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What does it take to create a real-world computer vision project?

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Computer vision (also known as machine vision) along with Natural Language Processing (NLP), is one of the most intriguing but highly complex subfields of artificial intelligence.

At Finlabs we regularly dive into these technologies in our work and, to keep up with the rapidly evolving landscape, constantly grow our knowledge in this area. In doing so we have acquired a good deal of knowledge on what it takes to use these technologies effectively and what's involved in applying computer vision to a real-world project.

There are many factors to consider in setting the foundation for these types of projects. The kind of camera to select, the placing of the computation of the computer vision algorithms, the libraries and frameworks that will be needed, etc. Computer vision is a demanding field that requires a lot of skills and know-how from developers. But it is a field that will certainly not leave you bored.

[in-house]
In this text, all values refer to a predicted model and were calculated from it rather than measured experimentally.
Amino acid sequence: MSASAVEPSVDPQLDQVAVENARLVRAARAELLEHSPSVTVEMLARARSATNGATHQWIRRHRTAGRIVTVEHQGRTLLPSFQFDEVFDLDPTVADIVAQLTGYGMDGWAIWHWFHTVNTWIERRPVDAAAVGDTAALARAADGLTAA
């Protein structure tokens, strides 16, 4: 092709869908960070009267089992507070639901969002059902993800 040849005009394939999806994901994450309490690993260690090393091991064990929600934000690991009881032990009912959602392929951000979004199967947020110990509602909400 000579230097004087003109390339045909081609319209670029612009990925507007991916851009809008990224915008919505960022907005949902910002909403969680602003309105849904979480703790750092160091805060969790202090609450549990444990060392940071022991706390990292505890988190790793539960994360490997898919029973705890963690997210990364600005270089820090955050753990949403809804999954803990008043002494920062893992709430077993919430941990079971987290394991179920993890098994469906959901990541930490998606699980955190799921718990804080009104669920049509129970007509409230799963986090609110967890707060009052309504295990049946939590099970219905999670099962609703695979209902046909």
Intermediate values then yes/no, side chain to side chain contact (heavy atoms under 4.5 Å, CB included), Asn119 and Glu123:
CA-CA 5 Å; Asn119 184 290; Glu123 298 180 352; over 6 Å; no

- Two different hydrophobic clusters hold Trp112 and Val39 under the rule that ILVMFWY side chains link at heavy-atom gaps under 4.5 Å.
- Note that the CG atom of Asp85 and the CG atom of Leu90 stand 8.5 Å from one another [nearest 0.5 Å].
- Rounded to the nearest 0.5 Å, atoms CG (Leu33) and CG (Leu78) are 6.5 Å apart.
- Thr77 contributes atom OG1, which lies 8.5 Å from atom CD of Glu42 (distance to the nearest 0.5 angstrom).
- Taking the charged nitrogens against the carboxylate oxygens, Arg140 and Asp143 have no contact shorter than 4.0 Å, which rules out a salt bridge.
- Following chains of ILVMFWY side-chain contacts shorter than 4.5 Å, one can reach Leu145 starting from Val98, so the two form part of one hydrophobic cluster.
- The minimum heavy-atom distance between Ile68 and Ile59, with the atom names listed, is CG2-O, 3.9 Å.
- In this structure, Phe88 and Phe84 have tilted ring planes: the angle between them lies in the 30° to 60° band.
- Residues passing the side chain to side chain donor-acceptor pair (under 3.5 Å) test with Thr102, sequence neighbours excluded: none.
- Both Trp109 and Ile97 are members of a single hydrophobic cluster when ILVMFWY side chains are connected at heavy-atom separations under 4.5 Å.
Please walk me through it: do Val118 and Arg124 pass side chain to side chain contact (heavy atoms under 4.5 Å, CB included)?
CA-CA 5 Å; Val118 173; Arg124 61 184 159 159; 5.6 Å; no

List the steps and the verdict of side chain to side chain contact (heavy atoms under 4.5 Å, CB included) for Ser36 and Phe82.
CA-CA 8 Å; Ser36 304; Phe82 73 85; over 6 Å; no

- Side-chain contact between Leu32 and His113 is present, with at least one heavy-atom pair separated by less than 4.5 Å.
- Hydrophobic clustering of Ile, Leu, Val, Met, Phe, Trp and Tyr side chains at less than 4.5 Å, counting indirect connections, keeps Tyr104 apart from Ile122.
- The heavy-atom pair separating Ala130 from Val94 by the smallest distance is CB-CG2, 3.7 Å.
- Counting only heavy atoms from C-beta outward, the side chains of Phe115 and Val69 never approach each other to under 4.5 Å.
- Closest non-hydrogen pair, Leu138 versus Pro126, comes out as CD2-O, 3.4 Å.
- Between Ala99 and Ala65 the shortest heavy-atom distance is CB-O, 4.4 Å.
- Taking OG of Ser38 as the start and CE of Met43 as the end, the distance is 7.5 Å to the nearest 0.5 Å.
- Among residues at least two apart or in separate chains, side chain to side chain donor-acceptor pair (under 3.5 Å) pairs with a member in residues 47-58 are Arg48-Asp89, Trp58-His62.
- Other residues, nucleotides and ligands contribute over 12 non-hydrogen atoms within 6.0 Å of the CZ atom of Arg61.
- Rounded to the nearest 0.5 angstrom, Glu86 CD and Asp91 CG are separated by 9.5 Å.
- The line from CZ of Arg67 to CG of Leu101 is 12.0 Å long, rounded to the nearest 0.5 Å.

There has been a large amount of high-quality research conducted on computer vision technologies and the Machine Vision Group in Oulu, Finland, is a highly recognized worldwide research group that has expertise spanning nearly 40 years. To give an example of their impact in the field, the Local Binary Pattern (LBP) method was originally developed in Oulu. Nowadays, the LBP method is widely used, often with OpenCV and Python. Computer vision algorithms and methodologies are constantly evolving as scientific papers are being published in international conferences and journals. Private consultancies are also conducting research on computer vision to practically solve demanding problems.